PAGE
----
Our Opinion: It’s not too late to bring records into the sunlight
Dave DiFilippo cartoon
This cartoon was first published in March to commemorate Sunshine Week, a national observance designed to raise awareness of open records and public meetings laws.
As North Carolina lawmakers continue hammering out a state budget, they can make the most of their extended stay in Raleigh by voting to hold public servants accountable when they’re disciplined for misconduct.
The General Assembly still hasn’t passed the Government Transparency Act of 2021, a tweak to the state public records law that would require agencies to disclose basic details when employees such as police officers, prison guards, building inspectors, teachers and driver license examiners receive administrative punishments.
Taxpayers foot the bill for these workers’ salaries, but when they make mistakes that carry real-world consequences, state and local officials cover up for them instead of coming clean. Current law gives city and county managers the discretion to discuss employee discipline when they determine doing so is “essential to maintaining public confidence in the administration” of local government services, but this voluntary release valve is all but rusted shut from underuse.
North Carolinians deserve to know when the people working on their behalf receive a warning, suspension or demotion, and updating the public records law to increase transparency is broadly popular.
Roughly 7 out of 10 residents (69%) favor a change in the law that would improve the public’s right to see the records of law enforcement officers and other government officials, according to a Coda Ventures study conducted for the North Carolina Press Association this year. The NCPA, a trade group for the state’s local newspapers and online news outlets, is supporting the open government reform.
Only 14% of respondents said they oppose increasing access to employment records. The other 18% said “I’m not sure,” likely because they were unfamiliar with the issue or had mixed feelings. But as public policy mandates go, 7 out of 10 is stout. For comparison, the 2018 constitutional amendment to require voter identification passed with 55.49% of the vote.
Sen. Norm Sanderson, R-Pamlico, introduced the Government Transparency Act, and the good-government bill gained widespread support in the Senate Republican Caucus. Senate Democrats tried to sink the measure despite paying lip service to laws designed to curb excessive force in the months following George Floyd’s murder at a Minneapolis police officer’s hands.
Legislative Democrats said they wanted to prevent officers like Derek Chauvin, the man convicted of killing Floyd, from working in North Carolina law enforcement agencies. But they voted against a bill that would allow the public and press to hold police and other public workers accountable for violating agency policies.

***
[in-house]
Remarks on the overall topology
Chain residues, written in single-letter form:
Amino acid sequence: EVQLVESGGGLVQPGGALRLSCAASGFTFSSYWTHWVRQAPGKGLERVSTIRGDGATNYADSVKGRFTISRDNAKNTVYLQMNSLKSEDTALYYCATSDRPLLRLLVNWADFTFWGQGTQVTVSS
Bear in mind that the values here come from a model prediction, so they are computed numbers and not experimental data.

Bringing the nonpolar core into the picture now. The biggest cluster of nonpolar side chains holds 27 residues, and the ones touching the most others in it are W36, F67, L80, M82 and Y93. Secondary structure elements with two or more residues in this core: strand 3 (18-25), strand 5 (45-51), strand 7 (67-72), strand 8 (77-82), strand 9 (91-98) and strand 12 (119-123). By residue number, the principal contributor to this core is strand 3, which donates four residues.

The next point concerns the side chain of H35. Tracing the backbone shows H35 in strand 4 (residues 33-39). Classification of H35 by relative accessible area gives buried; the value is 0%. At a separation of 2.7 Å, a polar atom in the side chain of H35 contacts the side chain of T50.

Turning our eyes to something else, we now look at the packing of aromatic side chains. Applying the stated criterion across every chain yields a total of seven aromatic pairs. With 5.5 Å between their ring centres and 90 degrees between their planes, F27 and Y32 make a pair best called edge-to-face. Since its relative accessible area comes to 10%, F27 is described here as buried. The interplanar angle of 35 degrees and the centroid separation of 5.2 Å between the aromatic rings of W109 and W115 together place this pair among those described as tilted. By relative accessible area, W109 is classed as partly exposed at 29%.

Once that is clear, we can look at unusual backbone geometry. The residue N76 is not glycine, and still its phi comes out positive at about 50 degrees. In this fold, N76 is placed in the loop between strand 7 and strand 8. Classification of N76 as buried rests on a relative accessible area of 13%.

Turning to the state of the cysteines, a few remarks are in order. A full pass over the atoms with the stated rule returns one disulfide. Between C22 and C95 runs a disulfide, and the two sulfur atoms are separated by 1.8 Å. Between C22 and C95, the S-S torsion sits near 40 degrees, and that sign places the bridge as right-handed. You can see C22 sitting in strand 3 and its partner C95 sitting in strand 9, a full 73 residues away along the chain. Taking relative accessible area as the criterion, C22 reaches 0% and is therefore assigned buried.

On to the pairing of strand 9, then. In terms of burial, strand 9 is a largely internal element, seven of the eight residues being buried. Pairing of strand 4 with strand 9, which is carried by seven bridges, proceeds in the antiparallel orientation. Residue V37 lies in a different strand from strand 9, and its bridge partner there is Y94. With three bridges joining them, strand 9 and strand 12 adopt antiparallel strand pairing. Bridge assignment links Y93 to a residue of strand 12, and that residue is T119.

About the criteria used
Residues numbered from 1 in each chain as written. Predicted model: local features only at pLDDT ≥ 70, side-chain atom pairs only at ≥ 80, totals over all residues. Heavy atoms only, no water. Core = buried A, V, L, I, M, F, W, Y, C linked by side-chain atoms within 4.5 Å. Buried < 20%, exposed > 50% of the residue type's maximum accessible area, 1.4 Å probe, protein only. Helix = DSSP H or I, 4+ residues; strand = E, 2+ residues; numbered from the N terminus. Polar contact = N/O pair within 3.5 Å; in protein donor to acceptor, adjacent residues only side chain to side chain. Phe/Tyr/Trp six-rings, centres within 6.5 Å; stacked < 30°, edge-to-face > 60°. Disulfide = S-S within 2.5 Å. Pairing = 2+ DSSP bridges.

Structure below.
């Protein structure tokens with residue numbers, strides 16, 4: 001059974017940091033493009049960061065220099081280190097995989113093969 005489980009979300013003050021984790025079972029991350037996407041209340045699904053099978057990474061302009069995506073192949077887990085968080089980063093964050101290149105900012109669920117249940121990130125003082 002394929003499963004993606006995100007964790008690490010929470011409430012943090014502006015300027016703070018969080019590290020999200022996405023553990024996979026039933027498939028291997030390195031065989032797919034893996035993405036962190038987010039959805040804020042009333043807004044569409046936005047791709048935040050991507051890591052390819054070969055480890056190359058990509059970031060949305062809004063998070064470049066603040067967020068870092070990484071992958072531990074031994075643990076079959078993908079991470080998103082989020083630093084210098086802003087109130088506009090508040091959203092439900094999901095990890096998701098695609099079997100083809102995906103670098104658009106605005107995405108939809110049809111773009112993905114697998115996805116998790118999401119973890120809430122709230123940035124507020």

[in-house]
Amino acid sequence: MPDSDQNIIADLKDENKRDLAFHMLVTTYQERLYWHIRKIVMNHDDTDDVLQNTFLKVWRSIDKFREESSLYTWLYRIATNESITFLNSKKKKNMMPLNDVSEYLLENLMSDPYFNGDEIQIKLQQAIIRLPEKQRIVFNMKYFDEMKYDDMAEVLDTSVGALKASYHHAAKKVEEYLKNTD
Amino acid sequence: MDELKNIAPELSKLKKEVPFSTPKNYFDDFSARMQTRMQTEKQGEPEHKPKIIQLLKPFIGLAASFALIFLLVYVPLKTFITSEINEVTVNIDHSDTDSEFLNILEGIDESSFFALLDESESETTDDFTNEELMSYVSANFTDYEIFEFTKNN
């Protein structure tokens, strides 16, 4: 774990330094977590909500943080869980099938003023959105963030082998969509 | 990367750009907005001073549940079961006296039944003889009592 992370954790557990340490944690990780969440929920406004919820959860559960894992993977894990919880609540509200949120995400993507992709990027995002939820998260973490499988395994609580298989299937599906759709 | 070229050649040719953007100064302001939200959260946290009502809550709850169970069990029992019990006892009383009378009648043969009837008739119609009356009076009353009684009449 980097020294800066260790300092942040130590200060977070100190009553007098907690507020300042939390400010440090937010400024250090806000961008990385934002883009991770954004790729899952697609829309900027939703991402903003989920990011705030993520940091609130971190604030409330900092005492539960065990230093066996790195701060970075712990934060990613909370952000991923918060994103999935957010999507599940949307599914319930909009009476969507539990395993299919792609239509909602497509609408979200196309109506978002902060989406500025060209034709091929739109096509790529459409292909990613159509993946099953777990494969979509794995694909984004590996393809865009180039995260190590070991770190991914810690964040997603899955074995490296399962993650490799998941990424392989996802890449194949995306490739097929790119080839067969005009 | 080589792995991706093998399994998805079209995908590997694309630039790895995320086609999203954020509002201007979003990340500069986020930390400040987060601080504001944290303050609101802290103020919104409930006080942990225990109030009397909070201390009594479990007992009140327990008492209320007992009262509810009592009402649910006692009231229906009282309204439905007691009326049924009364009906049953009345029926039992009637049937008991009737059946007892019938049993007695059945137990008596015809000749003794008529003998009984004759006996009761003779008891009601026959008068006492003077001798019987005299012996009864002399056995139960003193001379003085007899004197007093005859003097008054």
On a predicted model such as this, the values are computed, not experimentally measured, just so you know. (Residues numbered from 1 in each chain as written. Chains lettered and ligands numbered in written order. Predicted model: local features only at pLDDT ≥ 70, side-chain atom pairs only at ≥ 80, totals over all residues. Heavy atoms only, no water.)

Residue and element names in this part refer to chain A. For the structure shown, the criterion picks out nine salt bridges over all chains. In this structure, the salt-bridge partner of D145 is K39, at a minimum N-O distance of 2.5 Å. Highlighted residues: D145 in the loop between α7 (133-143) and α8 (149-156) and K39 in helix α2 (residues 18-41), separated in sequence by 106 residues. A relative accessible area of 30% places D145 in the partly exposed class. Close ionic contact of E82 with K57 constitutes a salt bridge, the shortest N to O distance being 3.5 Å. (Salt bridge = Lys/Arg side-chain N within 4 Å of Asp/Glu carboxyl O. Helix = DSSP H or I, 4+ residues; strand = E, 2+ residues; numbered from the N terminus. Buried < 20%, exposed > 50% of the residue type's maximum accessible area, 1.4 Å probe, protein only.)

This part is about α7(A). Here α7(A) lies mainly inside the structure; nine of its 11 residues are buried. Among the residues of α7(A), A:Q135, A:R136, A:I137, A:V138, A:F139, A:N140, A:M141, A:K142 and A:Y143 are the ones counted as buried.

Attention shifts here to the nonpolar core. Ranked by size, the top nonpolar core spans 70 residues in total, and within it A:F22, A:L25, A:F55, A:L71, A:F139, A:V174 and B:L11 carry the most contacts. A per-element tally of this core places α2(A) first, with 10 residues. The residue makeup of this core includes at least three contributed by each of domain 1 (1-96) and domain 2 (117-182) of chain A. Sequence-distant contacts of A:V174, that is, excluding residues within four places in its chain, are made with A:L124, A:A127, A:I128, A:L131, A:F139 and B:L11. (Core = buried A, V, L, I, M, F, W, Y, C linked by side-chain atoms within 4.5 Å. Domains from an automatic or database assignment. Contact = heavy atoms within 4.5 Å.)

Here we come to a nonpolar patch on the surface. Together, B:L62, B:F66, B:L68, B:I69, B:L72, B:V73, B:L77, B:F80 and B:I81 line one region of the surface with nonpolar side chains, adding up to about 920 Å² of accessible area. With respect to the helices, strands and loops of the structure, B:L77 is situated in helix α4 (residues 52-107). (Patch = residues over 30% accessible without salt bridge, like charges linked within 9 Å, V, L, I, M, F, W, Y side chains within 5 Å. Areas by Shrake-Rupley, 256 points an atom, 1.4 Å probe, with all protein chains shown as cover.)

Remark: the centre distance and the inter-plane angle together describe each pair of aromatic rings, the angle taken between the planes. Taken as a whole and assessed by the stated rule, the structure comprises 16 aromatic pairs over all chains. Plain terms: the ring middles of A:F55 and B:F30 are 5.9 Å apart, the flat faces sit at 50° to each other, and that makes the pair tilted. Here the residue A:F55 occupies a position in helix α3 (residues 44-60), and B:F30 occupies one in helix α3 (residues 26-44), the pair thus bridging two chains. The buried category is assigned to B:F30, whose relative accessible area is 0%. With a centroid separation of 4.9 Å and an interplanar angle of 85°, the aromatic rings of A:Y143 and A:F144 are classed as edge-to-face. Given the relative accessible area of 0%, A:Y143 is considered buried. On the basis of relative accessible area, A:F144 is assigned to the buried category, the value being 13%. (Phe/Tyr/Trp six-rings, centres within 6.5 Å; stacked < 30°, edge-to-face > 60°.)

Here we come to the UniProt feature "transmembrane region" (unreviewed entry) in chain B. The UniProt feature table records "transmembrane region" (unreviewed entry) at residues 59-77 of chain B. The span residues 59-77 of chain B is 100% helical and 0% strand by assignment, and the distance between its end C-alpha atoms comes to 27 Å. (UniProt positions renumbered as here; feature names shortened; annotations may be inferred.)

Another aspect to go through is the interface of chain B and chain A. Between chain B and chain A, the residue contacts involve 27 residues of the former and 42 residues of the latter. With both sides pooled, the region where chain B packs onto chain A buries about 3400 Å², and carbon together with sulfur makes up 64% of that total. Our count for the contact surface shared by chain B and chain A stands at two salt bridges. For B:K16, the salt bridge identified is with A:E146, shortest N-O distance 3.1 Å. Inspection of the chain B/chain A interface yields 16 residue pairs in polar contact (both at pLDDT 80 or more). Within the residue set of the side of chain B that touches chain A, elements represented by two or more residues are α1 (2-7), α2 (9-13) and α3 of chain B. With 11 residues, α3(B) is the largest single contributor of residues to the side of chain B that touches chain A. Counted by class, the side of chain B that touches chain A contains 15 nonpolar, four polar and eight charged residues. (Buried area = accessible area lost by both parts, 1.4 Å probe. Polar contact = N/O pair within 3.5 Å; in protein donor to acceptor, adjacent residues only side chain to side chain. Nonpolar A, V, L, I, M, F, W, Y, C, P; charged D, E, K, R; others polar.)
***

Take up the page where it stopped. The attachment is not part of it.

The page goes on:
Why the about-face on accountability? Two powerful special interest groups, the State Employees Association of North Carolina and the North Carolina Association of Educators, dispatched lobbyists to fight the bill tooth and nail. However, the groups’ opposition carries far less weight than their names suggest.
No more than a quarter of the state’s schoolteachers are dues-paying NCAE members, and the proportion could be even smaller. Only 6,083 of nearly 95,000 teachers are enrolled in voluntary payroll deductions for NCAE dues, according to the most recent N.C. Office of the State Auditor report. The SEANC fares better, but its payroll deduction figures indicate it represents considerably less than half of current state employees.
Neither the NCAE nor SEANC surveyed its members before spending their money to lobby against government transparency. We get the impression that the proverbial tail is wagging the dog: paid staff and lobbyists, not rank-and-file members, are behind the push for continued secrecy.
The associations want legislators to believe teachers and state employees are worried about people pawing through their personnel files, but perhaps we have more faith in these constituencies than the groups who purport to represent them. We don’t believe the average worker identifies with the few underperforming or misbehaving colleagues whose disciplinary records would be exposed.
Why would city, county and state employees want to protect the coworkers who betray the public’s trust and risk giving their honorable professions— teaching, enforcing the law and administering taxpayer services — a bad name? Sorry, NCAE and SEANC, we don’t buy it. Neither should the General Assembly.
The 7 in 10 North Carolinians who support more transparency surely includes thousands of teachers, state employees and local government workers who would be subject to the disclosure requirement if they were disciplined. And that’s more data than you’ll see from the employee trade groups whose priorities are set in Raleigh offices far out of sight from their members.
Lawmakers should pass the Government Transparency Act for the benefit of all North Carolinians: the vast majority of public employees who do their jobs capably and have nothing to fear and the taxpayers who deserve to know about the misconduct that happens on their dime and what’s being done about it.
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